to be deafened with their harmony without taking part in the exercise
they invite us to.'

Waverley took Flora's hand. The dance, song, and merry-making proceeded,
and closed the day's entertainment at the castle of Vich Ian Vohr. Edward
at length retired, his mind agitated by a variety of new and conflicting
feelings, which detained him from rest for some time, in that not
unpleasing state of mind in which fancy takes the helm, and the soul
rather drifts passively along with the rapid and confused tide of
reflections than exerts itself to encounter, systematise, or examine
them. At a late hour he fell asleep, and dreamed of Flora Mac-Ivor.



CHAPTER XXIV

A STAG-HUNT AND ITS CONSEQUENCES


Shall this be a long or a short chapter? This is a question in which you,
gentle reader, have no vote, however much you may be interested in the
consequences; just as you may (like myself) probably have nothing to do
with the imposing a new tax, excepting the trifling circumstance of being
obliged to pay it. More happy surely in the present case, since, though
it lies within my arbitrary power to extend my materials as I think
proper, I cannot call you into Exchequer if you do not think proper to
read my narrative. Let me therefore consider. It is true that the annals
and documents in my hands say but little of this Highland chase; but then
I can find copious materials for description elsewhere. There is old
Lindsay of Pitscottie ready at my elbow, with his Athole hunting, and his
'lofted and joisted palace of green timber; with all kind of drink to be
had in burgh and land, as ale, beer, wine, muscadel, malvaise, hippocras,
and aquavitae; with wheat-bread, main-bread, ginge-bread, beef, mutton,
lamb, veal, venison, goose, grice, capon, coney, crane, swan, partridge,
plover, duck, drake, brisselcock, pawnies, black-cock, muir-fowl, and
capercailzies'; not forgetting the 'costly bedding, vaiselle, and napry,'
and least of all the 'excelling stewards, cunning baxters, excellent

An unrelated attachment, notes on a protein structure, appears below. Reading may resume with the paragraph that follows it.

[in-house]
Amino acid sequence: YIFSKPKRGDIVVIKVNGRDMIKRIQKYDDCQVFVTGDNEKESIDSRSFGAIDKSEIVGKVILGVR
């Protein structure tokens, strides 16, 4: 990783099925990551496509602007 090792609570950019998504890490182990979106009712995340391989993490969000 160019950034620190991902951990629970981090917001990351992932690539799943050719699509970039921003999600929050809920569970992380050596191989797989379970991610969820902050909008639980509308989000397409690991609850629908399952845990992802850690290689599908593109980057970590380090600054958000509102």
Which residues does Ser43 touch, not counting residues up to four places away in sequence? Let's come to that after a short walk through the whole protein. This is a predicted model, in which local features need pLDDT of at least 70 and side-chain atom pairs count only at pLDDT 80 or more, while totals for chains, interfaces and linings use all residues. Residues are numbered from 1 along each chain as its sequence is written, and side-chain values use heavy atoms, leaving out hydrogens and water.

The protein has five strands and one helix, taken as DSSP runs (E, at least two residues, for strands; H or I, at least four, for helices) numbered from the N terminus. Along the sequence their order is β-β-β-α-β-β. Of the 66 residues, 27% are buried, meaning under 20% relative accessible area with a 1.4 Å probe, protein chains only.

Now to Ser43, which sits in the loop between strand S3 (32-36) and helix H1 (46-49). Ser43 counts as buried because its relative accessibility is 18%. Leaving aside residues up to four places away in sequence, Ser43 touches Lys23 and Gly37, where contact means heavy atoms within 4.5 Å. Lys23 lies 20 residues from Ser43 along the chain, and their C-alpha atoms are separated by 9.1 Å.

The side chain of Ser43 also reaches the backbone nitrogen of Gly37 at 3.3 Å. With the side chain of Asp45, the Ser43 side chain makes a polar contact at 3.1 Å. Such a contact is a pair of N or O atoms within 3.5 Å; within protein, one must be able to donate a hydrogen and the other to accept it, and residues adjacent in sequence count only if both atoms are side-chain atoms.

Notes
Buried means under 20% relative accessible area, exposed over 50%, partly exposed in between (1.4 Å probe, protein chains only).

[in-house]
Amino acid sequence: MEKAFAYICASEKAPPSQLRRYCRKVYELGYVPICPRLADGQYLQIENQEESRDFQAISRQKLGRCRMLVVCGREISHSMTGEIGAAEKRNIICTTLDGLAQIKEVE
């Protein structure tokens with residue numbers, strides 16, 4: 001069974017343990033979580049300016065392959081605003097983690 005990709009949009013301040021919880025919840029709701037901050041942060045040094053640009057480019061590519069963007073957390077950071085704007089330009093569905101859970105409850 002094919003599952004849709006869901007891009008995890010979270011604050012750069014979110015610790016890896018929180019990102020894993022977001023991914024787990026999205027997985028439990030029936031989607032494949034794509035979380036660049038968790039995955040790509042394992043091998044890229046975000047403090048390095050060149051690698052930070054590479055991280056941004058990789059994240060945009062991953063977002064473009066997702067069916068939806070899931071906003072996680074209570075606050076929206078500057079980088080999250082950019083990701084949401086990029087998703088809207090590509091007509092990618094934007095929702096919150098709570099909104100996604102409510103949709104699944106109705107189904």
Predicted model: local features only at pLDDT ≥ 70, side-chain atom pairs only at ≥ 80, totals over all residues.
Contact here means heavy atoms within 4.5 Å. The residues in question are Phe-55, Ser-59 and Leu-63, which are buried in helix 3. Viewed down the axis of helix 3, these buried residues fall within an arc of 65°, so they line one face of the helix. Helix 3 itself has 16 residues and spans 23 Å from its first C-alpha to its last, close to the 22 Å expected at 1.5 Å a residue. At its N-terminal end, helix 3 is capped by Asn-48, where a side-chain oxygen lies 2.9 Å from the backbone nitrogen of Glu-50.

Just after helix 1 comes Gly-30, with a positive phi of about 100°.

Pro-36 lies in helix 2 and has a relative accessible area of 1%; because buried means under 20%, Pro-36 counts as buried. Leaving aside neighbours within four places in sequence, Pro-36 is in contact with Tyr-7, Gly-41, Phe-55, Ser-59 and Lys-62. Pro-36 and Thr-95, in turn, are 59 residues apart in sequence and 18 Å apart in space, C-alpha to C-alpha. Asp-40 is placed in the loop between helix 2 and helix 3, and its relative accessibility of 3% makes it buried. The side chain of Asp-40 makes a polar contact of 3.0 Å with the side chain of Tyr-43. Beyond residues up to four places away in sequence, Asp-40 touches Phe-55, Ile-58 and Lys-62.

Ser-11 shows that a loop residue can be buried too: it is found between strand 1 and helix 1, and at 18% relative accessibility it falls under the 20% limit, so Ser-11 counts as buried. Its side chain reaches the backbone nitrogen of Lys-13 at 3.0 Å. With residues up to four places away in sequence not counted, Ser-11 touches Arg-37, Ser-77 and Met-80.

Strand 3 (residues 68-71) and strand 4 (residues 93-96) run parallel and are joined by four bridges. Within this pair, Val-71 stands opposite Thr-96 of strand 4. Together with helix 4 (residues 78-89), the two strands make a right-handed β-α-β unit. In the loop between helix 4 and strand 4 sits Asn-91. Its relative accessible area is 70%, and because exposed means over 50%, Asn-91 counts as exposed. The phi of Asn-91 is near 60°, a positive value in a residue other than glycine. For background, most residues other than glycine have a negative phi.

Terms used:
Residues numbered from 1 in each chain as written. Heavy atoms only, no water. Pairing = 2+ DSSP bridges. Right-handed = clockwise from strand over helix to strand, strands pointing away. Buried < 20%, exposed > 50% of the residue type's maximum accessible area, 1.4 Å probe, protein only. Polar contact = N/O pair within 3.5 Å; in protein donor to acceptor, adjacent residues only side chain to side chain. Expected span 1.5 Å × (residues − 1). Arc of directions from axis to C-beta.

cooks, and pottingars, with confections and drugs for the desserts.'
Besides the particulars which may be thence gleaned for this Highland
feast (the splendour of which induced the Pope's legate to dissent from
an opinion which he had hitherto held, that Scotland, namely, was
the--the--the latter end of the world)--besides these, might I not
illuminate my pages with Taylor the Water Poet's hunting in the Braes of
Mar, where,--

    Through heather, mosse,'mong frogs, and bogs, and fogs,
      'Mongst craggy cliffs and thunder-batter'd hills,
    Hares, hinds, bucks, roes, are chased by men and dogs,
      Where two hours' hunting fourscore fat deer kills.
    Lowland, your sports are low as is your seat;
    The Highland games and minds are high and great?

But without further tyranny over my readers, or display of the extent of
my own reading, I shall content myself with borrowing a single incident
from the memorable hunting at Lude, commemorated in the ingenious Mr.
Gunn's essay on the Caledonian Harp, and so proceed in my story with all
the brevity that my natural style of composition, partaking of what
scholars call the periphrastic and ambagitory, and the vulgar the
circumbendibus, will permit me.

The solemn hunting was delayed, from various causes, for about three
weeks. The interval was spent by Waverley with great satisfaction at
Glennaquoich; for the impression which Flora had made on his mind at
their first meeting grew daily stronger. She was precisely the character
to fascinate a youth of romantic imagination. Her manners, her language,
her talents for poetry and music, gave additional and varied influence to
her eminent personal charms. Even in her hours of gaiety she was in his
fancy exalted above the ordinary daughters of Eve, and seemed only to
stoop for an instant to those topics of amusement and gallantry which
others appear to live for. In the neighbourhood of this enchantress,